Since then, there hasn't been any interference, but initially it
consumed more time and work than any other part of putting the space
In the near future, they will double their space by expanding into the
adjacent suite. They also are interested in getting more
digitally-controlled tools like a ShopBot and a cnc milling machine.
One tool they really wanted was a table saw. They have built a
cnc-router for fabbing circuit boards by milling off the copper from a
board. It is expected to be up and running real soon now.
They don't etch boards there because the spent etchant is considered
toxic waste and they would be buried in bureaucrats if they had any.
Evidently, the disposal regulations for businesses are prohibitive for
small enterprises. So, no etching.
The laser cutter is very much at the heart of Metrix. It's a big draw
and people are cutting all sorts of things on it: plywood, acrylic
plastic, paper, cardboard and cloth. People spend a lot of time
thinking up new and interesting things to cut up and make. Because of
the safety regulations, the laser is in its own room. There is a cctv
camera so everybody can watch from outside the room. It always draws a
crowd when they are cutting, they told me.
Because of their location, most of their members get there by foot or
bicycle. There's not much parking around Broadway and there is a very
high density of young people in the neighborhood. I told them a little
about the feeble effort being made up here and also mentioned that we
were initially a little old-fart-heavy (at least as far as Martin and
myself go.) To which they replied that they very much wished they had a
few old farts around the place. At which point, I bit my lip rather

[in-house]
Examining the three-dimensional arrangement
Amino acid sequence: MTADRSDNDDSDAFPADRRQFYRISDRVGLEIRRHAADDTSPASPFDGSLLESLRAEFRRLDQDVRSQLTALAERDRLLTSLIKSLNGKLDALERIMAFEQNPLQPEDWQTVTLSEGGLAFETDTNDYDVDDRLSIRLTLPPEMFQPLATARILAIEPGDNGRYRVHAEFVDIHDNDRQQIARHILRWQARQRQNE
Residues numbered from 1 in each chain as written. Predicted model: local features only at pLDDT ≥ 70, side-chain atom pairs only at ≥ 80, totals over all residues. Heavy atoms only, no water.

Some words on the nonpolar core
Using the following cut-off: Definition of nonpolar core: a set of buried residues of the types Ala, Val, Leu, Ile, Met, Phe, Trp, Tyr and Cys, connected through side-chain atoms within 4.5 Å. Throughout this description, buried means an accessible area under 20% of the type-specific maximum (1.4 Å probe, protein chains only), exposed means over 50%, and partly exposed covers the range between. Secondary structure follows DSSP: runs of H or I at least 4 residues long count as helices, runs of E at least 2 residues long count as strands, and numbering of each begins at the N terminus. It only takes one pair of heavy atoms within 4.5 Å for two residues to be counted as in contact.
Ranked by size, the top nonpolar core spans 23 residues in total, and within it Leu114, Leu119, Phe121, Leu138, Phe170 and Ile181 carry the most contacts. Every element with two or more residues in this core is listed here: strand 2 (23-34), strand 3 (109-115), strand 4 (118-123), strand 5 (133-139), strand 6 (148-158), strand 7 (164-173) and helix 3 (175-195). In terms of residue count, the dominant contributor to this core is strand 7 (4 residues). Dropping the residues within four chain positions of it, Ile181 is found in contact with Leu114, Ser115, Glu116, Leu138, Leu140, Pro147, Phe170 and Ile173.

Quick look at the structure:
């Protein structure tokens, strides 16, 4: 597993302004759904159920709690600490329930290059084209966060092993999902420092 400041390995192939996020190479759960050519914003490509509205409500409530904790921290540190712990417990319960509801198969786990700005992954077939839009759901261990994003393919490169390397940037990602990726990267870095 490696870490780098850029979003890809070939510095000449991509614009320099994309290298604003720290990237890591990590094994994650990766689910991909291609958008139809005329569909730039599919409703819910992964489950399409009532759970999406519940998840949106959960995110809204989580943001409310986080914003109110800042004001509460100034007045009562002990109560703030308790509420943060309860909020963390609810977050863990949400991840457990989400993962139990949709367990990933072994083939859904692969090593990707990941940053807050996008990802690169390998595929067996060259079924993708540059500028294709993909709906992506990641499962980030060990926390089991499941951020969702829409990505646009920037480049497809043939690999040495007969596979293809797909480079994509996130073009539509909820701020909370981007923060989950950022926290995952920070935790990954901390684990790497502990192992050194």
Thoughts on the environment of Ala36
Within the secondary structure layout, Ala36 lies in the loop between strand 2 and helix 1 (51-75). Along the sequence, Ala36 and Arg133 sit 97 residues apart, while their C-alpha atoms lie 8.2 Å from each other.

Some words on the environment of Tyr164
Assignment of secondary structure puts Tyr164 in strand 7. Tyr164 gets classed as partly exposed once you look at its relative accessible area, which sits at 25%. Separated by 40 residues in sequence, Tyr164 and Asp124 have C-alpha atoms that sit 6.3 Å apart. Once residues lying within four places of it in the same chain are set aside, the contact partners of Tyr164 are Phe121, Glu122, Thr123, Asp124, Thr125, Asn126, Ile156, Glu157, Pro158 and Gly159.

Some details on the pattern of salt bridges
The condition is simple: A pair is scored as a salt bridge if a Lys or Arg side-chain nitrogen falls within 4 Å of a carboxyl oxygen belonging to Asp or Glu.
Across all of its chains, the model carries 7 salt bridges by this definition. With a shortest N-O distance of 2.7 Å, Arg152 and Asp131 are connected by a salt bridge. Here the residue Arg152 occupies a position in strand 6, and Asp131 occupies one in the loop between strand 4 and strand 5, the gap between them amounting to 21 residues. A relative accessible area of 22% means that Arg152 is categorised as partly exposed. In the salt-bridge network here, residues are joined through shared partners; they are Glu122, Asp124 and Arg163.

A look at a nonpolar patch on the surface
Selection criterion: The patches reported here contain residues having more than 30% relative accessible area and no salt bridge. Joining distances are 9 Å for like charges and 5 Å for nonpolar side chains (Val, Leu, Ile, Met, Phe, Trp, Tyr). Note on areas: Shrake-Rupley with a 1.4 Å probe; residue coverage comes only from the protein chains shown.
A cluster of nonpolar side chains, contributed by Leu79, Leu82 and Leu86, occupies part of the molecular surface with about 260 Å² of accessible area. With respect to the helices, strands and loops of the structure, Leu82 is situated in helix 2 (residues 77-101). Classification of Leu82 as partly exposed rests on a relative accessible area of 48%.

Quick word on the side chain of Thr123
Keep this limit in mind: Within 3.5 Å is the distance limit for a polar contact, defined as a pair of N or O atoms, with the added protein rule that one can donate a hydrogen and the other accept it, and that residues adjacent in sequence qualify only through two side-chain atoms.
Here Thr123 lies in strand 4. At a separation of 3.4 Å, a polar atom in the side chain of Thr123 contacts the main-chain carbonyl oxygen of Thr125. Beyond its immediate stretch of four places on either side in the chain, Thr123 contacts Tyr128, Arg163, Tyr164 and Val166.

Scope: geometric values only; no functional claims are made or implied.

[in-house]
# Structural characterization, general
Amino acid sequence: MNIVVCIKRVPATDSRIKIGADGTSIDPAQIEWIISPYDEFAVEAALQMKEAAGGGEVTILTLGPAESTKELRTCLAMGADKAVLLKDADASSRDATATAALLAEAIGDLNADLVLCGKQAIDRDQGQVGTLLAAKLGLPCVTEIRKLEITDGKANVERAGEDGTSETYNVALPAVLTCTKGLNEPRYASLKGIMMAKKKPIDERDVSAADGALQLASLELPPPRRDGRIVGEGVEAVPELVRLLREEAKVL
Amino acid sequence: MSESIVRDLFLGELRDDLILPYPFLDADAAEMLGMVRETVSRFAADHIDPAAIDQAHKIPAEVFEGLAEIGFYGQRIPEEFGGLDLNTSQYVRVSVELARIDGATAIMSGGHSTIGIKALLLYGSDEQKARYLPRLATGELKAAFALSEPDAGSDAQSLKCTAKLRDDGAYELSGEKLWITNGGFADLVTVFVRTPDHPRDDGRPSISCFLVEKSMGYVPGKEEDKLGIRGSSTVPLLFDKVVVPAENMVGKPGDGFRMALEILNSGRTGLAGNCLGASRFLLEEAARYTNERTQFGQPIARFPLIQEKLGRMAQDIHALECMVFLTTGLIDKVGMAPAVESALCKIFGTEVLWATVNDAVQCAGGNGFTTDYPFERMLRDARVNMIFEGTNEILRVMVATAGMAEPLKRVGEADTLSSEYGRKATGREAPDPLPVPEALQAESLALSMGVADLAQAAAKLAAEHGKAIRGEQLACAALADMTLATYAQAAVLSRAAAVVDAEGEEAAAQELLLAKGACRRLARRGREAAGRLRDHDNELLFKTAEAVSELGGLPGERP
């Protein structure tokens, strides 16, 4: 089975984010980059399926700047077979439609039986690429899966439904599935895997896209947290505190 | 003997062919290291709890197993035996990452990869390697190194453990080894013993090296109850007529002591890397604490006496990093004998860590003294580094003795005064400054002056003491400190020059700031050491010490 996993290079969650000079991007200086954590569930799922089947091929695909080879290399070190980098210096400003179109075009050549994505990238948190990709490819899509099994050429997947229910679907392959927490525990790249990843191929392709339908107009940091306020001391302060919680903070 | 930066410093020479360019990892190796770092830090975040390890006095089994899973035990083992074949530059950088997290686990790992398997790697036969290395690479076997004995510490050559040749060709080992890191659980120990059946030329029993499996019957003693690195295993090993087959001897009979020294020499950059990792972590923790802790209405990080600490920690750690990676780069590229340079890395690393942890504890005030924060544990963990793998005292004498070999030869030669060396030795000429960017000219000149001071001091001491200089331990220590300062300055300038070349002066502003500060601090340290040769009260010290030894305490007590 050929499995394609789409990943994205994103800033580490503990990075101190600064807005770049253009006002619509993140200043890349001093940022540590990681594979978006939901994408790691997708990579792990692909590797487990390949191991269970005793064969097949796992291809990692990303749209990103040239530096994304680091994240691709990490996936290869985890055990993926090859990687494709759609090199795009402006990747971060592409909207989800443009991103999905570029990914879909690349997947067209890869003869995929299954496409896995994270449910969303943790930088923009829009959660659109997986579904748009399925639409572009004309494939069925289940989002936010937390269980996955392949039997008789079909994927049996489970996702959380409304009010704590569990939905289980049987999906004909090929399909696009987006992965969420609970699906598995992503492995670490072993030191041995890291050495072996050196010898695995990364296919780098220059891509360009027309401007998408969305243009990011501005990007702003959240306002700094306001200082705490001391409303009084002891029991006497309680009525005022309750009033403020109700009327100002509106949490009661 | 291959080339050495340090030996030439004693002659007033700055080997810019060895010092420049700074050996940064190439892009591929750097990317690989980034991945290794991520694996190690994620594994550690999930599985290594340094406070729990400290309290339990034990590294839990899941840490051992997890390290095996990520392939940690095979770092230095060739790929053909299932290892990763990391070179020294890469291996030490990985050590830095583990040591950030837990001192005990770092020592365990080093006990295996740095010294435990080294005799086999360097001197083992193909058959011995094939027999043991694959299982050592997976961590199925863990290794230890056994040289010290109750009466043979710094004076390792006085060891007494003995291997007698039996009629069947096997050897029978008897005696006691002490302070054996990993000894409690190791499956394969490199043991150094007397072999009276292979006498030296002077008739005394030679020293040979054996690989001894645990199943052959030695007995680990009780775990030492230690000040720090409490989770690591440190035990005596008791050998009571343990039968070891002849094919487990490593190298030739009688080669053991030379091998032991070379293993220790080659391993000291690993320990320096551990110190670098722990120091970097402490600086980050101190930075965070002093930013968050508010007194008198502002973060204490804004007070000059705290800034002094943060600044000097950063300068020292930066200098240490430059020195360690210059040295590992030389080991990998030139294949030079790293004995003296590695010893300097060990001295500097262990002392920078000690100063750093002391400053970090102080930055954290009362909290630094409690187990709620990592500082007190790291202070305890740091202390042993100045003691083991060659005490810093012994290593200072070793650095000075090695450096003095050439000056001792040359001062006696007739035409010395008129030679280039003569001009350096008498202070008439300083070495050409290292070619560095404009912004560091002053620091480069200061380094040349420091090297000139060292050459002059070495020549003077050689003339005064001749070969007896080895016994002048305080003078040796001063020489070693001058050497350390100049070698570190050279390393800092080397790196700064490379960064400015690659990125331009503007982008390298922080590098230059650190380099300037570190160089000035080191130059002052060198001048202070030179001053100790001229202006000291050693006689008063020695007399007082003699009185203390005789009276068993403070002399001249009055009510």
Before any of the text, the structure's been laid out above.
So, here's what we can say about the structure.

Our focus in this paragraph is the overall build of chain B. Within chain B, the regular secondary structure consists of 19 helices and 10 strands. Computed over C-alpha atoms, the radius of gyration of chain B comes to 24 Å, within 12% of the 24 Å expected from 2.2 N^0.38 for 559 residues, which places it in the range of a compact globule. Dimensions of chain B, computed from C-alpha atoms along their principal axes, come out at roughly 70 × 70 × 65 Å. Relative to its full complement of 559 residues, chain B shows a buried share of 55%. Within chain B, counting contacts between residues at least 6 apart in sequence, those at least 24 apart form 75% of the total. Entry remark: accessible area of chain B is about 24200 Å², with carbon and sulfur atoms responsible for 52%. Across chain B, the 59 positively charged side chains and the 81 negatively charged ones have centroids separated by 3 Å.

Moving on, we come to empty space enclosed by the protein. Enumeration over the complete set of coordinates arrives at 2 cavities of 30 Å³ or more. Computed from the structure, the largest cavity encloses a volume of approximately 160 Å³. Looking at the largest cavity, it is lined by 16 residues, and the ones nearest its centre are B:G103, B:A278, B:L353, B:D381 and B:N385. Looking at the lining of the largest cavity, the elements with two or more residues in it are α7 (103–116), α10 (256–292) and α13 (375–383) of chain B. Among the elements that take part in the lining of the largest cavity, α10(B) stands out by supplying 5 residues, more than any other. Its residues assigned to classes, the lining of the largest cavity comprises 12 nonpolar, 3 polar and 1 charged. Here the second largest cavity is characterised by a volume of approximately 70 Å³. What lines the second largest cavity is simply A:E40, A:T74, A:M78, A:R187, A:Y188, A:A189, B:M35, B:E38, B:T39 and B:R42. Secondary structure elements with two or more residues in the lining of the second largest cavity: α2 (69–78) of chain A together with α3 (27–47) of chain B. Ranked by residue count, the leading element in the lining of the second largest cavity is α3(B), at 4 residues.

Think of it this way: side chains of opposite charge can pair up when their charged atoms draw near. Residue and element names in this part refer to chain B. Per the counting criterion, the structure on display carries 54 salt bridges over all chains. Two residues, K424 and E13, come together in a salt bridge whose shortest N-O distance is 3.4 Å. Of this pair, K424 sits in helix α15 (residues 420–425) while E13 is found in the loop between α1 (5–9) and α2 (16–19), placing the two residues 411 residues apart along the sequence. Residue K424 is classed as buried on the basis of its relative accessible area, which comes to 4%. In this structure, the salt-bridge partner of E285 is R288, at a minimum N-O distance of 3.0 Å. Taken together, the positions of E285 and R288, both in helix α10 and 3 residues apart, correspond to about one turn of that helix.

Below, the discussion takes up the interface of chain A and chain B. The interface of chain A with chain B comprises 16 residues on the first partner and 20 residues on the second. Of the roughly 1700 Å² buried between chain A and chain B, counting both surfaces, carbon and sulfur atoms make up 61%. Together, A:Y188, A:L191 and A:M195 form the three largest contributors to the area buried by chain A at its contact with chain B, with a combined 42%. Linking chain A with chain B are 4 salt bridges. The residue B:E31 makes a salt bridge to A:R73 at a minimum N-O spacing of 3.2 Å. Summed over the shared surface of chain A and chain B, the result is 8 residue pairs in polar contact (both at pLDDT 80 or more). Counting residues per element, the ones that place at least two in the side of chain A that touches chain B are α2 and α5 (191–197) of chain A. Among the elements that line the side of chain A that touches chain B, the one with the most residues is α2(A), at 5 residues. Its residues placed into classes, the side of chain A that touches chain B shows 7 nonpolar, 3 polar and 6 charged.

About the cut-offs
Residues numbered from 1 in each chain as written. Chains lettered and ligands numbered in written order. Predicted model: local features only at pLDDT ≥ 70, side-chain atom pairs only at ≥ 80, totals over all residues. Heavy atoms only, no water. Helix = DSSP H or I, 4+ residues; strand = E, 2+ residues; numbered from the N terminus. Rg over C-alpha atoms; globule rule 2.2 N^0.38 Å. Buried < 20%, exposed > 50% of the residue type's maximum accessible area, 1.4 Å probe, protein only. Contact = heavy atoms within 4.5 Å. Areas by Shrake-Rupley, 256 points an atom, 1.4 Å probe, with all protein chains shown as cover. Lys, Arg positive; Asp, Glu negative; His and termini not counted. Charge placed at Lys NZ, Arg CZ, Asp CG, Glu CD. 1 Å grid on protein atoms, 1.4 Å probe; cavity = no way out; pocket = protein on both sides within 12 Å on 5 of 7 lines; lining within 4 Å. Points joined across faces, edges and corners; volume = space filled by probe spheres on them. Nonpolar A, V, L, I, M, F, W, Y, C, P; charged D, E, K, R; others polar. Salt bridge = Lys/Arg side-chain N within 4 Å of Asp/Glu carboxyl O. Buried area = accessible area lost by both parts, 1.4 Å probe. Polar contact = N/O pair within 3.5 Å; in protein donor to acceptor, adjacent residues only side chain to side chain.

than saying the only sage old-fart advice I had was to move far away
from somebody who says "I know what I'm doing" when doing something
stupid or dangerous.
I asked what pointers they might have about things that worked for them.
Here's a sampling:
* Have long and regular open hours. They are open 12pm - 12am 7 days a
week. This is important because a lot of people don't fit into a narrow
* Have a cool tool like the laser cutter. It really is the central
focus. It could be any neat tool, but the laser serves as a starting
point for many different projects. They also get a lot of action around
the 3D printers.
* Quick classes are a good way to bring people in. They've had good
luck with Arduino classes making stuff on prototype shields (which don't
require soldering.) They are starting classes on 2D CAD for programming
the laser cutter. They tried some transistor classes but found that was
a little over people's heads for starters. They plan on reintroducing
the transistor classes later as people get up to speed. Robots are also
taught using Arduinos, as is Arduino programming.
* Most people are building electromechancial stuff, but some people are
finding new crafty-type uses for the laser cutter including jewelry and
sewing projects using elaborately cut fabric.
They also said they'd welcome more visits. I promised if there was a
group visit in the future, we'd rattle before we struck.